We kicked off our first campaign for Heathrow this week by unveiling a crazy croquet lawn smack in the centre of Terminal 2’s departure lounge…
Why? To help Heathrow celebrate Great British pastimes and highlight World Duty Free’s exclusive summer long £9.99 deal on Pimm’s. And what better way than to marry the two than with one of the only sports that actively encourages you to enjoy a tipple or two whilst playing?
First things first, some tactical research was put into field to try and unravel the nation’s feelings about croquet. It’s always nice when the research works in your favour and we can’t promise there wasn’t any whooping when we discovered that a) croquet is one of the top three iconic British sports… and b) no-one seems to be playing it anymore. The c) was that Pimm’s drinking – perhaps unsurprisingly – came out as one of the sport’s most alluring attributes.
Secondly, realising that we were slightly lacking in knowledge ourselves about the game, we brought Croquet East – the Shoreditch club getting hipsters to pair mallets with their moustaches – on board as our experts to help us to devise a new version of the game which can be played by passengers in just 15 minutes.
Thus Heathrow’s Crazy Croquet was born.
Designed to evoke the best of British, the flamboyant course in Terminal 2 features a host of quintessentials, including ball blocking rose bushes, teacup shaped hoops and whimsical flamingos. And if that isn’t enough, the lawn is staffed by a team of Pimm’s croquet aficionados who’ll not only explain the optimal ball stroking method but also offer adults a refreshing glass of Pimm’s after they’ve downed their mallets.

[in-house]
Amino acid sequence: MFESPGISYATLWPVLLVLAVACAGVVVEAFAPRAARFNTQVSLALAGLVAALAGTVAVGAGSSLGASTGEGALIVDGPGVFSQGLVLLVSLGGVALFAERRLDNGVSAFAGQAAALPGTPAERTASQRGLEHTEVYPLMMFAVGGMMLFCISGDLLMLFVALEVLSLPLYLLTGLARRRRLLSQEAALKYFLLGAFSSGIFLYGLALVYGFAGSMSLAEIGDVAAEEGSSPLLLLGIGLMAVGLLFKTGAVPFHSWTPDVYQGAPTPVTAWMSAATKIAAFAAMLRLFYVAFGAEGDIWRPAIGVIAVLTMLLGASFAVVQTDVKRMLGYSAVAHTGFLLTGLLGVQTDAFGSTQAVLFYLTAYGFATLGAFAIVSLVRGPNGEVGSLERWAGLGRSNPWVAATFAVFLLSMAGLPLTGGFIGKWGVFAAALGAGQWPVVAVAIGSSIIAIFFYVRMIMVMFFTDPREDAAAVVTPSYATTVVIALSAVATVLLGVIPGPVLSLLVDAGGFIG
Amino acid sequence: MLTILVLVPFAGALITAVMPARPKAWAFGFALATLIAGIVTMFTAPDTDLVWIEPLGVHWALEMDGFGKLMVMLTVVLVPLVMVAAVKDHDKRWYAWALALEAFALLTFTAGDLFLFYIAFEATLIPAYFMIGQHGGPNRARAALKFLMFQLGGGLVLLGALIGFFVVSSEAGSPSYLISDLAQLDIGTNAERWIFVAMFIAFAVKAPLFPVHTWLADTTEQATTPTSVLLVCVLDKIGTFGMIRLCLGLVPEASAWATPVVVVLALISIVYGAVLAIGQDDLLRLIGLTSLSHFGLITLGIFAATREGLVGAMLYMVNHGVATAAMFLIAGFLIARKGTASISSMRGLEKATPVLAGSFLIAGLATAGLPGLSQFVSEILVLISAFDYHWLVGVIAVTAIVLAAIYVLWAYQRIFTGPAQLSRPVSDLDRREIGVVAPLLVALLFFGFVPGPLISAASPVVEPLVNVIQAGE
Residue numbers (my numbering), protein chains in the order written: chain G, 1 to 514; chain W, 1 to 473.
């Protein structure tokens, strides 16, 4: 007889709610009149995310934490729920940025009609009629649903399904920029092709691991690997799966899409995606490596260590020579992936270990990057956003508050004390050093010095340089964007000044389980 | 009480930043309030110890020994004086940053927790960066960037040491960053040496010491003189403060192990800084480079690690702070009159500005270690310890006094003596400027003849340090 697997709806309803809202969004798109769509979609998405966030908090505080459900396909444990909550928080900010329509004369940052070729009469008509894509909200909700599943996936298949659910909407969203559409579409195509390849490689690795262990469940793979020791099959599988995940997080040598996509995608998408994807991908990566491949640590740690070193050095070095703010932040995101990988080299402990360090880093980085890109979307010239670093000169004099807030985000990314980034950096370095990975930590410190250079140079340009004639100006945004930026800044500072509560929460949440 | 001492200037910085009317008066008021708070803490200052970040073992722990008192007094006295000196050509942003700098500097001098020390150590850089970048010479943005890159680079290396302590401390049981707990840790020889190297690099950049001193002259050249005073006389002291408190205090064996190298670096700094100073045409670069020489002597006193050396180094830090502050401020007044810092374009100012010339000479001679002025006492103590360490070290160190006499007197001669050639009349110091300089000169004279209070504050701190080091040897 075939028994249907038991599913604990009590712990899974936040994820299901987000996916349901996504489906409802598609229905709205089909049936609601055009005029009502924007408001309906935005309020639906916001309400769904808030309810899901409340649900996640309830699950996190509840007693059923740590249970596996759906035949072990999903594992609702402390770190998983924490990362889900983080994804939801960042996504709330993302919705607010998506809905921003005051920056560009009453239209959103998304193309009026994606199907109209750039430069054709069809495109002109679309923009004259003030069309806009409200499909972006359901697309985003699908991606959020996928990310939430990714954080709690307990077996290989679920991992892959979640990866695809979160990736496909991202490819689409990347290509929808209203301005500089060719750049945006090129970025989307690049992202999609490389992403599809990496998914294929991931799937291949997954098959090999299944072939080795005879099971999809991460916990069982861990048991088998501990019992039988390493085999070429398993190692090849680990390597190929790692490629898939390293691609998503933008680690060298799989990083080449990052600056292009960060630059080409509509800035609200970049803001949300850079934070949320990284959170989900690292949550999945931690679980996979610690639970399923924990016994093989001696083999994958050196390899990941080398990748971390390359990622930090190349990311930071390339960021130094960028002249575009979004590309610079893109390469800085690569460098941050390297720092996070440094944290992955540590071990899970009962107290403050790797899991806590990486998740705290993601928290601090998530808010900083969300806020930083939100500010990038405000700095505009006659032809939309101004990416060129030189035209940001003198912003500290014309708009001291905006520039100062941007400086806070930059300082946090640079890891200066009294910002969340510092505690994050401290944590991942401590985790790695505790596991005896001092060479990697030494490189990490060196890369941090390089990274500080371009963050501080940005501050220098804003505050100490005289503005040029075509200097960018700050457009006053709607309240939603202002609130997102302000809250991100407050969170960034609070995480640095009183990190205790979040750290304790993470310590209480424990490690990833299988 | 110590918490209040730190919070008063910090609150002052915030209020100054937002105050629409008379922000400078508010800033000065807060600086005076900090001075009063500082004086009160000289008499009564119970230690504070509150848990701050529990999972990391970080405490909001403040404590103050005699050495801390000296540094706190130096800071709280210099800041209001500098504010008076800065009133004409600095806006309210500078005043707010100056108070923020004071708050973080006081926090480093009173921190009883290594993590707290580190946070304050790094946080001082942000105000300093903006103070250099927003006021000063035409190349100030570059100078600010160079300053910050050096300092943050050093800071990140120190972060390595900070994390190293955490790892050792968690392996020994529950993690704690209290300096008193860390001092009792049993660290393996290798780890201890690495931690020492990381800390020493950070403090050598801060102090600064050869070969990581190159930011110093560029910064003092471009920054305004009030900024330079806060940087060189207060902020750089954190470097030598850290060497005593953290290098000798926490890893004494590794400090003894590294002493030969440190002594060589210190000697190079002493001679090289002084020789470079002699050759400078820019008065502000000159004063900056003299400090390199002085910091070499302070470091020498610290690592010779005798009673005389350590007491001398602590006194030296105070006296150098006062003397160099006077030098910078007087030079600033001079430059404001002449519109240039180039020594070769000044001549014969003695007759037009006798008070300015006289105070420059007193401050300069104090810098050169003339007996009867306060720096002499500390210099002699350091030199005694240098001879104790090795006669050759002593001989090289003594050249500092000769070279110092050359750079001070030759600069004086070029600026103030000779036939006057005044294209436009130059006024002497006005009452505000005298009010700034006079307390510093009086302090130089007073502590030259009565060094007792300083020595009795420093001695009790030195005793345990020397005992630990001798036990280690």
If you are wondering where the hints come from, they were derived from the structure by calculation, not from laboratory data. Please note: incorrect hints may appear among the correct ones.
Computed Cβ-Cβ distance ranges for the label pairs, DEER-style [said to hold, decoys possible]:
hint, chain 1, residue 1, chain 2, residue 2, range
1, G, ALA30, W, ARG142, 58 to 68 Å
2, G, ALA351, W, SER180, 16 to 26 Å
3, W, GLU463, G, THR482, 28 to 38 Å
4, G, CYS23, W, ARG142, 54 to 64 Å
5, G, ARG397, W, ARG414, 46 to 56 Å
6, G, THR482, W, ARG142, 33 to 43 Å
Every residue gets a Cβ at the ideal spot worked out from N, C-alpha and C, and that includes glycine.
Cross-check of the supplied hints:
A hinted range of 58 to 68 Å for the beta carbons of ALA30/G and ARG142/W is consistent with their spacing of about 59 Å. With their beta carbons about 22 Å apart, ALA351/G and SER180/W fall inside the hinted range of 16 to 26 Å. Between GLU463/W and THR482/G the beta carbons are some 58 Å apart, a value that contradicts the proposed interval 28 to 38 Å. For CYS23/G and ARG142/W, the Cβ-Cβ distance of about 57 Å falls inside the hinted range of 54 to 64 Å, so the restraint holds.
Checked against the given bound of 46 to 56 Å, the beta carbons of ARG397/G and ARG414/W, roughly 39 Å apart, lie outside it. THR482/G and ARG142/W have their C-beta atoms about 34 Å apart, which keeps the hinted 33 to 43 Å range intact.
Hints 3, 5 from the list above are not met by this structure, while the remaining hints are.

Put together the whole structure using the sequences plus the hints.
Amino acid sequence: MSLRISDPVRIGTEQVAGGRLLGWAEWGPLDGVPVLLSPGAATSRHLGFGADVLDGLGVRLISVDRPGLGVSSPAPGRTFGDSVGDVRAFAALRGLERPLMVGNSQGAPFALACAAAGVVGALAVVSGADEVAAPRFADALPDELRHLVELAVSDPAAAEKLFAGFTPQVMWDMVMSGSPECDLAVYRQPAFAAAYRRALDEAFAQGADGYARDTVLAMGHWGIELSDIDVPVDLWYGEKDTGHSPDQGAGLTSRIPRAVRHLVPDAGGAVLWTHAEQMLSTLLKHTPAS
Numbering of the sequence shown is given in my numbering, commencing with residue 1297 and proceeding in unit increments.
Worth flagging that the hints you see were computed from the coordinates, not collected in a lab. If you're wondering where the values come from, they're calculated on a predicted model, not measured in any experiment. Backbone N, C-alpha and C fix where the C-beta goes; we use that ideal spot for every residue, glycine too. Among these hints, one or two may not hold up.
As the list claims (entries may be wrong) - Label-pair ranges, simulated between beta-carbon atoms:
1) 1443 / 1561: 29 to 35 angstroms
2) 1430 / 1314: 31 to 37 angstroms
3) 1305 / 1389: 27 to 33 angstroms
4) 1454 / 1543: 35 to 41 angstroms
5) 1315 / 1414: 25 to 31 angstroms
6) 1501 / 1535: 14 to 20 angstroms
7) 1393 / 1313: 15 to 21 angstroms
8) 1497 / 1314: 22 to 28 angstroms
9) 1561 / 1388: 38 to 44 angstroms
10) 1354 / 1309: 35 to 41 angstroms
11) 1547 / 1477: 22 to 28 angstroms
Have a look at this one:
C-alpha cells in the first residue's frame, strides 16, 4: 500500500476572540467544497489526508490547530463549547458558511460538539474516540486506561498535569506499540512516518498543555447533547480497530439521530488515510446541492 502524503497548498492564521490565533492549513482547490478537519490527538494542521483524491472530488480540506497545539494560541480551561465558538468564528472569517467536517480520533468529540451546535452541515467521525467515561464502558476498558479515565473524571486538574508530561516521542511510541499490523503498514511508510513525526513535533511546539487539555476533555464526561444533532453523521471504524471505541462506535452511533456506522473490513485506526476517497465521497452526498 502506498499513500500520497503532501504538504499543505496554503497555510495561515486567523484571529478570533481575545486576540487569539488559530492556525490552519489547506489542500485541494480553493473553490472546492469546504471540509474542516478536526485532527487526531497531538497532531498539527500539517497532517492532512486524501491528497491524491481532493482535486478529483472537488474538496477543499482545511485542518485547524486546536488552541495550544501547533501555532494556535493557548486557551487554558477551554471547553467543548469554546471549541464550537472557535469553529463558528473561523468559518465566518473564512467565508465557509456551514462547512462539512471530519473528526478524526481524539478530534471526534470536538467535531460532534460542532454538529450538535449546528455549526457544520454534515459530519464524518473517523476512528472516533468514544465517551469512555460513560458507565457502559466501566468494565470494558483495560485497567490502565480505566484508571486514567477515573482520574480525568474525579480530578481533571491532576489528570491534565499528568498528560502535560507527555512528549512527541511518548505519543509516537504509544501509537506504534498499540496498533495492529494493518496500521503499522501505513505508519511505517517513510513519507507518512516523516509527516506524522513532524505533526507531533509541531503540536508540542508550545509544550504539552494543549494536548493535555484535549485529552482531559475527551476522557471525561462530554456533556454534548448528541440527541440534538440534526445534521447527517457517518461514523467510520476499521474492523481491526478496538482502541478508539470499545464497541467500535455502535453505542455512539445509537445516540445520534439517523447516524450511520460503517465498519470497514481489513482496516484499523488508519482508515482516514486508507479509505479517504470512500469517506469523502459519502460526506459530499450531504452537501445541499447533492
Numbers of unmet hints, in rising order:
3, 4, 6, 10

But with Wimbledon in full swing (boom boom) and tennis stealing the international spotlight, how do focus attention on its lesser known sister sport? Some extra delving into our stats revealed a couple of headline grabbers – one in twenty Brits had never even heard of the sport and quite astonishingly 16 times more understand the rules of Harry Potter’s favourite sport Quidditch better than those of the “Queen of Games”.
Paired with some ammunition from the Croquet Association’s latest report – which highlighted the sport will be unrecognisable by 2037 unless a younger audience start playing – and we had a story strong enough to put croquet on an even par with Wimbledon.
We’re chuffed with the results, with print coverage landing in the Evening Standard just a few hours after we opened to the public and swiftly followed by pieces in The Times, Independent, The Guardian, Daily Telegraph, Daily Mail and Daily Mirror by the following morning. That alongside mounds of online coverage and spots on BBC Radio 2 Breakfast and SKY News.
Smiles all round.